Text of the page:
Writing from South Africa, our reader Angharad has this to say:

In the Church kalender we are now back in 'Ordinary time'. This does not mean 'unimportant time' or 'less-holy-time'! Ordinary Time is called 'ordinary' simply because the weeks are numbered. The Latin word 'ordinalis', which refers to numbers in a series, stems from the Latin word 'ordo', from which we get the English word order. SO... Ordinary Time indicates the ordered life of the Church.

It's fitting that this longest section of Ordinary Time begins with our holding onto the challenge and excitement of Pentecost of being challenged to live lives inspired by the Holy Spirit - in the everyday! That's why there's nothing "ordinary" about Ordinary Time.
 Now that Easter is over, we say the prayer known as the Angelus again. Perhaps you would like to make this part of your prayer life during this season.


Today is the Christian Festival of Pentecost. At the heart of this feast day is the remembering of the events that are recorded in the Acts of the Apostles when the Holy Spirit descended upon a small group of followers of Jesus Christ and fired them with an unquenchable faith in God and their ability, by God’s Grace, to change the course of history for the world.

As we face the challenges in our lives, these can be personal or as a church we can think of the need to raise £10K to build a kitchen in the back of St John’s church to enhance our time together on a Sunday and increase the use of the church by the community in the week, or at St Matthias the need raise £15K to replace our boiler that will be shut down in June, we can draw comfort from the fact that with the Holy Spirit as our companion all things are possible. When faced with seemingly insurmountable odds it is hard to know where to start.

If we were planning a movement that would shape the world for all time would we have started with a baby in a stable, with God on a cross, with a small group of men and women in a small room? But this is exactly what God choose for us and we give thanks for the church that is the greatest gift left by Jesus and continuously renewed by the Holy Spirit.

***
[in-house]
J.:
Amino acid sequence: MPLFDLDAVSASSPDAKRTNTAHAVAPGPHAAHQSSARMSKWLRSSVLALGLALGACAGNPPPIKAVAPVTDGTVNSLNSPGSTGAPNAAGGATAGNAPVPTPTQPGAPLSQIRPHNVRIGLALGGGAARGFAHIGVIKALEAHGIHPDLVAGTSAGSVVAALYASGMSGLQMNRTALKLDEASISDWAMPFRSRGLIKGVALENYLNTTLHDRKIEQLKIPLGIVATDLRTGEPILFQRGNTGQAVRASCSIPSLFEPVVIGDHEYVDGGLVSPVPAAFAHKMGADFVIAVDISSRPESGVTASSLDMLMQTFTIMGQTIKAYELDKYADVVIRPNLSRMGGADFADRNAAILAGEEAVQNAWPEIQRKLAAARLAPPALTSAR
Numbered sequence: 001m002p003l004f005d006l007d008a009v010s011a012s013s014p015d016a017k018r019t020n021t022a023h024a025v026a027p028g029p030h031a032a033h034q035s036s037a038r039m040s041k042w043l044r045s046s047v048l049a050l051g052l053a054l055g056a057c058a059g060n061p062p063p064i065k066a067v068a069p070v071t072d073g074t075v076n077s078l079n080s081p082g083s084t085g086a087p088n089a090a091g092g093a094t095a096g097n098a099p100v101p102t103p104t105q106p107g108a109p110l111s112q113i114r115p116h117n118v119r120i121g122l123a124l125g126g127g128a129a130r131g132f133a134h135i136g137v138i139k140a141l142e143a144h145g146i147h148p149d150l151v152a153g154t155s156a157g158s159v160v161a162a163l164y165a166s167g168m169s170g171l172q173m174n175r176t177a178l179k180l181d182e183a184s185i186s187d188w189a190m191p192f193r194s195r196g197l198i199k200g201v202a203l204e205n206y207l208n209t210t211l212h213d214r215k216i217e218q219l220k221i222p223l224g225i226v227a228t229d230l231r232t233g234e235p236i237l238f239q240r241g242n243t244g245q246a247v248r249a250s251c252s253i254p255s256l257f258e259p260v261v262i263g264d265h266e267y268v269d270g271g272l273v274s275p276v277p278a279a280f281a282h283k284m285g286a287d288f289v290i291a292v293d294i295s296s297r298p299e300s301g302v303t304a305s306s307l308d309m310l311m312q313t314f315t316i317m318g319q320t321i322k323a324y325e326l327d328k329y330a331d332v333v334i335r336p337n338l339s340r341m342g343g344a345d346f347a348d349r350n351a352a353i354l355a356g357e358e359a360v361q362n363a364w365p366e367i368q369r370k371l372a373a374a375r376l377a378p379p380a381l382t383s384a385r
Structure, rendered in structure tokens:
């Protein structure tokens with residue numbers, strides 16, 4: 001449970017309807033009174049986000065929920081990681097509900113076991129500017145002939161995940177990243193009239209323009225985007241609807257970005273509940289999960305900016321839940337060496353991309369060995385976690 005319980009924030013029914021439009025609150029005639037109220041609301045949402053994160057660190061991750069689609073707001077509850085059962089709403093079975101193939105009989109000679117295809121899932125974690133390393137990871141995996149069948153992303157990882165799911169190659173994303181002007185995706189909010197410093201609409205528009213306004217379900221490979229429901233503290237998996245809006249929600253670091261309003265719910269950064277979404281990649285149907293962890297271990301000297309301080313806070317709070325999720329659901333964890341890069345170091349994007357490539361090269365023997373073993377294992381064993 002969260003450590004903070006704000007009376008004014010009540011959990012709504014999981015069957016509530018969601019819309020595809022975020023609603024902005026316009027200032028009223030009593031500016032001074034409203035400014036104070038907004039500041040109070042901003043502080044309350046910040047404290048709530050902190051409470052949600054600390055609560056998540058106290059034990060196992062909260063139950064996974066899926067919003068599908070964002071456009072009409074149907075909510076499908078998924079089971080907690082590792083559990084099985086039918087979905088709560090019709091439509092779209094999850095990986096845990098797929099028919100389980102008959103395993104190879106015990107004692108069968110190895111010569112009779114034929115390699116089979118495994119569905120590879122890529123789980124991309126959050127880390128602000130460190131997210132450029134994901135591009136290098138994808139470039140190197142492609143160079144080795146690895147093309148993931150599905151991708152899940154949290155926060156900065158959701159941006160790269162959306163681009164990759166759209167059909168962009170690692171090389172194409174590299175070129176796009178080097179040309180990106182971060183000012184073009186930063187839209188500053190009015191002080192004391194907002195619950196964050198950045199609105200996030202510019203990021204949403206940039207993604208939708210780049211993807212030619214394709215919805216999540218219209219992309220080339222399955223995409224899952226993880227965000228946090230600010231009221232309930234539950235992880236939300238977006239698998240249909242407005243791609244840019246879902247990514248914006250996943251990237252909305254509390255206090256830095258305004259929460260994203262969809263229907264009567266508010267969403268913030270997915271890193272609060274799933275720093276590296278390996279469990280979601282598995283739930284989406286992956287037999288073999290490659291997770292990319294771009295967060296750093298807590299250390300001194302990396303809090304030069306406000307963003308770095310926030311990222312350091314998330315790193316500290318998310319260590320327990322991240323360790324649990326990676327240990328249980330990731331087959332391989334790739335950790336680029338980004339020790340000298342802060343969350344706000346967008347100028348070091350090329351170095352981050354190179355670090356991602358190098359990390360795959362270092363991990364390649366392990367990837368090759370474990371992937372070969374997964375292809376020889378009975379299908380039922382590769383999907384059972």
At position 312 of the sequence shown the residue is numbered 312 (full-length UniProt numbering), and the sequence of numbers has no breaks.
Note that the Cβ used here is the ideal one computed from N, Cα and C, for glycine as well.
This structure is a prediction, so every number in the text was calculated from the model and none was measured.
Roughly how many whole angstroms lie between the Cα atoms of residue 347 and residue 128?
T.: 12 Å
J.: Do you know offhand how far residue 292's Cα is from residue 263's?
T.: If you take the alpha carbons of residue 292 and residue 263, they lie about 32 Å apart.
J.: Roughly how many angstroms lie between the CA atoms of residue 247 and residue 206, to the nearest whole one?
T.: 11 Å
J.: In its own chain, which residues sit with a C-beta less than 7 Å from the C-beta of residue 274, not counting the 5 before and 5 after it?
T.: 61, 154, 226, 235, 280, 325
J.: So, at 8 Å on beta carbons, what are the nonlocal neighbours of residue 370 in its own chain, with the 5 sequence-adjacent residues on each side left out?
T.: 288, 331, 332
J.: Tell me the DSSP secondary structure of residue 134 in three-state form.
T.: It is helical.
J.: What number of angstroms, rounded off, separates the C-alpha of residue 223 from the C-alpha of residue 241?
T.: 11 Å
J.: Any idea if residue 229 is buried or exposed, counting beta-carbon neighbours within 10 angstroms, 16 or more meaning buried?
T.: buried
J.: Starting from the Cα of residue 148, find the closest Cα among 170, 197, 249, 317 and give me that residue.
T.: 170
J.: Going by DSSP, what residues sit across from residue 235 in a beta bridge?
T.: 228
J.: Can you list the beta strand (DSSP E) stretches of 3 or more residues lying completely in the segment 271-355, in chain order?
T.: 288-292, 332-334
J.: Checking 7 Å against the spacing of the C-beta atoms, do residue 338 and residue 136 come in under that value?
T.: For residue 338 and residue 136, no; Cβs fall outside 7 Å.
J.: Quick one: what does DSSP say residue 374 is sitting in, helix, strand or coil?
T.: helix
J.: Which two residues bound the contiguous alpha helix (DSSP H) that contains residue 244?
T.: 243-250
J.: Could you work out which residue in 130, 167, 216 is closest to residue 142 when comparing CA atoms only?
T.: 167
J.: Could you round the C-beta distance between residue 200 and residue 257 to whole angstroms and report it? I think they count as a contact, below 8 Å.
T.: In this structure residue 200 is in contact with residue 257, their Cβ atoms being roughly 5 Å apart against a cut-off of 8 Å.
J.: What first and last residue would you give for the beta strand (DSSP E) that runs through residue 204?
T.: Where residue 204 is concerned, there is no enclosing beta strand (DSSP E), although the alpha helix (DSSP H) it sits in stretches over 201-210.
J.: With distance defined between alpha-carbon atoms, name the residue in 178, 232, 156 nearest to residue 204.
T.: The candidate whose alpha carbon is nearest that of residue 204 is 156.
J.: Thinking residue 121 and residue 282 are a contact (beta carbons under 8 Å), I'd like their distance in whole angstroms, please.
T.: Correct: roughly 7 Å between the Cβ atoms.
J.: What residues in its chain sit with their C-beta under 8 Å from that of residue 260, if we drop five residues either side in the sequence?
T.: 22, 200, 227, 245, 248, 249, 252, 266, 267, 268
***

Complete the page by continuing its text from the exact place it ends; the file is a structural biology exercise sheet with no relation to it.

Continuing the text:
As we gather together we can draw inspiration from another great leader of the 20th century 

Martin Luther King Jr who wrote:
“ Take the first step in faith. You don’t have to see the whole staircase, just take the first step”

Thursday, 9 May 2013

Ascension Day

Today we continue our Easter celebrations by remembering Jesus' ascension into heaven. The hymn we sing at evening prayer captures the feel of this feast day:

Eternal Monarch, King most high,
Whose blood hath brought redemption nigh,
By Whom the death of Death was wrought,
And conquering grace’s battle fought.

Ascending to the throne of might,
And seated at the Father’s right,
All power in Heav’n is Jesu’s own,
That here His manhood had not known.

That so, in nature’s triple frame,
Each heav’nly and each earthly name,
And things in hell’s abyss abhorred,
May bend the knee and own Him Lord.

Yea, angels tremble when they see
How changed is our humanity;
That flesh hath purged what flesh had stained,
And God, the Flesh of God, hath reigned.

Be Thou our joy and strong defense,
Who art our future recompense;
So shall the light that springs from Thee
Be ours through all eternity.

O risen Christ, ascended Lord,
All praise to Thee let earth accord,
Who art, while endless ages run,
With Father and with Spirit One.

Crucially, today is about the glorification of Jesus' humanity. At the ascension, Jesus doesn't stop being human, but rather takes our human nature to the throne of God. A human being is enthroned in heaven, and worshipped by angels. "God, the Flesh of God, hath reigned."

Through our baptism we share in the risen humanity of Jesus. And every human being who has ever lived, or will, live has something in common with the ascended Jesus simply in virtue of their humanity. Today let's recommit ourselves to recognising the dignity of every human being, to building a world which respects that dignity, to living as Christians as a sign of hope to those around us, and to giving thanks for what God has done for us through Jesus, risen from the dead and ascended into heaven.